Bond Investing For Dummies
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Most mutual bond funds are open-ended, and some are not. The closed-end funds are a universe unto themselves. Unlike open-end funds, closed-end funds have a finite number of shares. The price of the fund does not directly reflect the value of the securities within the fund. Nor does the yield directly reflect the yield of the bonds in the basket.

In investment-speak, the net asset value (NAV) of the fund, or the price of the securities within the fund, may differ significantly from the price of the fund itself.

Supply and demand for a closed-end fund may have more bearing on its price than the actual securities it holds. Closed-end funds tend to have high management fees (almost always more than 1 percent a year), and they tend to be more volatile than open-end funds, in part because they are often leveraged.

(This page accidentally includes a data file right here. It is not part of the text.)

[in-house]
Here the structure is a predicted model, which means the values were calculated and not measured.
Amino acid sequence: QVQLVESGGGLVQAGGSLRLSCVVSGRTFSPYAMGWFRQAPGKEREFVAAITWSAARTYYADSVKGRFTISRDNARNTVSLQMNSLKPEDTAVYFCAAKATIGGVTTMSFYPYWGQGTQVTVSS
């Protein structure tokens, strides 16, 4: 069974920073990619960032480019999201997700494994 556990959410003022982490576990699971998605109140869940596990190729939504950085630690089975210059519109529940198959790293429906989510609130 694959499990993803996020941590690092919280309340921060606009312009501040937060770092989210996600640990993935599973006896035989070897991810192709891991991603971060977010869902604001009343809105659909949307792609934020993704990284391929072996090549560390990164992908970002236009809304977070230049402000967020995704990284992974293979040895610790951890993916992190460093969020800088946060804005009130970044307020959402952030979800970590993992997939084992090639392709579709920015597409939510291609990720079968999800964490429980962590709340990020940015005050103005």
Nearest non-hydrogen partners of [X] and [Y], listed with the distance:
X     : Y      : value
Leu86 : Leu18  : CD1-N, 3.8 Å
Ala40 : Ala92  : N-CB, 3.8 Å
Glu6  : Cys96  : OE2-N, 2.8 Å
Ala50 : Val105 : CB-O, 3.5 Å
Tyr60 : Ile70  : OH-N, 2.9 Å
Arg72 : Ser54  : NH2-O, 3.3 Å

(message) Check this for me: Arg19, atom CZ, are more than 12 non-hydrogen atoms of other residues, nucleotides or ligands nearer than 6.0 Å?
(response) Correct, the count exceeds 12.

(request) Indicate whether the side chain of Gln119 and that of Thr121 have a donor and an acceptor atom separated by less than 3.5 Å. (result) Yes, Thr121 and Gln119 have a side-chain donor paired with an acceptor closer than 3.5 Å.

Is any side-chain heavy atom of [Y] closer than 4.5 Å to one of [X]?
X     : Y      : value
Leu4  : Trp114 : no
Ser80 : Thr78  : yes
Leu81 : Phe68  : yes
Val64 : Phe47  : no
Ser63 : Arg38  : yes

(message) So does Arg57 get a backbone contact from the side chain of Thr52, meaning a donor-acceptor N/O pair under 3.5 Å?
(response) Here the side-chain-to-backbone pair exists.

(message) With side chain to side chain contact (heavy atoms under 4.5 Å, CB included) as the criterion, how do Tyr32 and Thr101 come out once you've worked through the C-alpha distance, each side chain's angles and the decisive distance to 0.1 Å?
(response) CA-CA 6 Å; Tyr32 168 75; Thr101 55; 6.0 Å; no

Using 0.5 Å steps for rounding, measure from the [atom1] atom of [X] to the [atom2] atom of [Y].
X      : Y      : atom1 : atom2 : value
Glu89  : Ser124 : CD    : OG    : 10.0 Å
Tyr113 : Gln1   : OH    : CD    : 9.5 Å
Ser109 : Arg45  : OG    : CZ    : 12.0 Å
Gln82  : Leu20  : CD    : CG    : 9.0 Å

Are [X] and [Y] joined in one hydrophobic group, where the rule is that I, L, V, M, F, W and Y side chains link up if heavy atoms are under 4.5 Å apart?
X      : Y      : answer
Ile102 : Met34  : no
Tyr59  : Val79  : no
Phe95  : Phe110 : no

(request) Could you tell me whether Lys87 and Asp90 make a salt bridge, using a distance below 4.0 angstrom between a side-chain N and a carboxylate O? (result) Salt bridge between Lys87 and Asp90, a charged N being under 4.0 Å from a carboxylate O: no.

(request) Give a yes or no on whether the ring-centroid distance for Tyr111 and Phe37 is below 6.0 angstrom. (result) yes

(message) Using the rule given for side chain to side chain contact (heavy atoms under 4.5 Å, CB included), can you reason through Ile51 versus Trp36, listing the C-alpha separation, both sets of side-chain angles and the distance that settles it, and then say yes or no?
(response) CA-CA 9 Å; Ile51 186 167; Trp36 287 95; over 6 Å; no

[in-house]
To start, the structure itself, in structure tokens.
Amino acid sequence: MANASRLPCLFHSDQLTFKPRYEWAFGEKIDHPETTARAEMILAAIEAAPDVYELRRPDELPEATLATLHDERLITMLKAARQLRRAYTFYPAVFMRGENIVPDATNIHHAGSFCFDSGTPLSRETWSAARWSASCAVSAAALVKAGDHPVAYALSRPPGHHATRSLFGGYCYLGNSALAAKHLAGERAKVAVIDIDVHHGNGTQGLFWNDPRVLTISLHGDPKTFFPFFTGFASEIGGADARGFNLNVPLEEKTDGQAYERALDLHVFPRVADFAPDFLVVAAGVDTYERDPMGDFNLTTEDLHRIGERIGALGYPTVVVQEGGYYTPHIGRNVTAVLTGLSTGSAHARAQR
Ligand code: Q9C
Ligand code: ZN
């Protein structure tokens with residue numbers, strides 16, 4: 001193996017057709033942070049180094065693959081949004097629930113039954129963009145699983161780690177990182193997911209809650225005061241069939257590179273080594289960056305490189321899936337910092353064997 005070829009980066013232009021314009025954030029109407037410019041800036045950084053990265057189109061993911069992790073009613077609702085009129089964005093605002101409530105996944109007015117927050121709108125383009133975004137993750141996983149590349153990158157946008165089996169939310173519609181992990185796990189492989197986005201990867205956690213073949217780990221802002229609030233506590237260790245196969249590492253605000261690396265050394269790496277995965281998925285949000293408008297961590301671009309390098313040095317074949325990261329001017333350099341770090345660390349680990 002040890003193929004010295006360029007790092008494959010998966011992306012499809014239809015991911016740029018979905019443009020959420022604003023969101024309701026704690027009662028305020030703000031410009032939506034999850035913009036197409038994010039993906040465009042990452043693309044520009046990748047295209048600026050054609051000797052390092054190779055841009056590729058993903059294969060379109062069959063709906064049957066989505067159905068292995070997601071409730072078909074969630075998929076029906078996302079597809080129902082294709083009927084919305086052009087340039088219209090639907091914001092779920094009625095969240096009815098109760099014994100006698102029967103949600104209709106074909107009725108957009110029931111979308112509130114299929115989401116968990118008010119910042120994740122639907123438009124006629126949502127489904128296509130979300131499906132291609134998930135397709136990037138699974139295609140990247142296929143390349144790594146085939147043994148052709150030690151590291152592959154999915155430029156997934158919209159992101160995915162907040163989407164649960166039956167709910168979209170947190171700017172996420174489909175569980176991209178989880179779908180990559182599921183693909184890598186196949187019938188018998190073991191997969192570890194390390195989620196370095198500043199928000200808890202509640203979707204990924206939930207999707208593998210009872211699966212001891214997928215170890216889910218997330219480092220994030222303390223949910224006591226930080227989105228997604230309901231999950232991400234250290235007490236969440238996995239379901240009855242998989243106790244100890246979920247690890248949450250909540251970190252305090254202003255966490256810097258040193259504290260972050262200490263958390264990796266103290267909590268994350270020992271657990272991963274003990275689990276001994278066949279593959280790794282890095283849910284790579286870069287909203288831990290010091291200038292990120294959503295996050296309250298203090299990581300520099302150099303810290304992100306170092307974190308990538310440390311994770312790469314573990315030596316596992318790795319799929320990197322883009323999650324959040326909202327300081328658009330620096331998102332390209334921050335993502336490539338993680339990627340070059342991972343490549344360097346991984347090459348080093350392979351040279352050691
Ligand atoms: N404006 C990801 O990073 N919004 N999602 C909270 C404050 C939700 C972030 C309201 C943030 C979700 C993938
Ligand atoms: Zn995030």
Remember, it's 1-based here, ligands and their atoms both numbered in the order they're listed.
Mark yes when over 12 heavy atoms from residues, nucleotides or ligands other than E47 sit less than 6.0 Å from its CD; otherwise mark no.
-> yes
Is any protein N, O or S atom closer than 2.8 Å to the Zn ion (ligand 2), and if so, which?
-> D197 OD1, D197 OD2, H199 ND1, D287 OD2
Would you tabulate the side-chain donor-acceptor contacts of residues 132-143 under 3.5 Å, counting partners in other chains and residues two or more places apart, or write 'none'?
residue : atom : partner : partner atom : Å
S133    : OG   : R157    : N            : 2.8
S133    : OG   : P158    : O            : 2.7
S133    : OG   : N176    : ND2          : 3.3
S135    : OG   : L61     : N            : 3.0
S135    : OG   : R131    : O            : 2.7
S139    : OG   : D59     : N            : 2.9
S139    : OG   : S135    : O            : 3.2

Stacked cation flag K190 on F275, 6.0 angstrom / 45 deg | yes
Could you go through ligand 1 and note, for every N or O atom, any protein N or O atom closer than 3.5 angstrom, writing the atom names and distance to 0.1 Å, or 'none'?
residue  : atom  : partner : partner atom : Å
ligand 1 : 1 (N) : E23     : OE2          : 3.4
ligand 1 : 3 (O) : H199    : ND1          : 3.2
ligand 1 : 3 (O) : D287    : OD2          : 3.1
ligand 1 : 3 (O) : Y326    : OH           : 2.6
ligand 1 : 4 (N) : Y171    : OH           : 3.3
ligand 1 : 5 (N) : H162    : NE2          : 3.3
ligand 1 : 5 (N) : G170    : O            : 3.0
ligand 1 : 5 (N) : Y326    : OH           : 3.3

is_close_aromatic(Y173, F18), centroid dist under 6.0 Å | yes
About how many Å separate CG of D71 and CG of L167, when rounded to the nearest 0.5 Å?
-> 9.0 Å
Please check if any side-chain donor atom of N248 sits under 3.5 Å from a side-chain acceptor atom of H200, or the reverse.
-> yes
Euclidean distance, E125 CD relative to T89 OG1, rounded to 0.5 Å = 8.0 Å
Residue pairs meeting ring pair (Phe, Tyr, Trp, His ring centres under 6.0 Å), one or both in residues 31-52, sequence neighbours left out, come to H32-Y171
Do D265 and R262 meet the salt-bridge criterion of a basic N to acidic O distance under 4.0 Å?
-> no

Closed-end funds are traded like stocks (yes, even the bond closed-end funds), and they trade throughout the day. You buy and sell them through any brokerage house — not directly from the mutual fund company, as you can do with most mutual funds.

All closed-end funds are actively managed. There are 631 closed-end funds, of which 414, or nearly two-thirds, are bond funds. The average yearly fee of these bond funds, per Morningstar, is a relatively chunky 1.27 percent.

If you do buy a closed-end fund, you should choose one selling at a discount to the NAV, not at a premium. Studies show that discounted closed-end funds tend to see better performance (similar to value stocks outperforming growth stocks).

About This Article

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About the book author:

Russell Wild, MBA, is the author or coauthor of many nonfiction books, including Exchange-Traded Funds For Dummies, Index Investing For Dummies, and One Year to an Organized Financial Life. He is a NAPFA-certified financial advisor, registered with the Pennsylvania Securities Commission.

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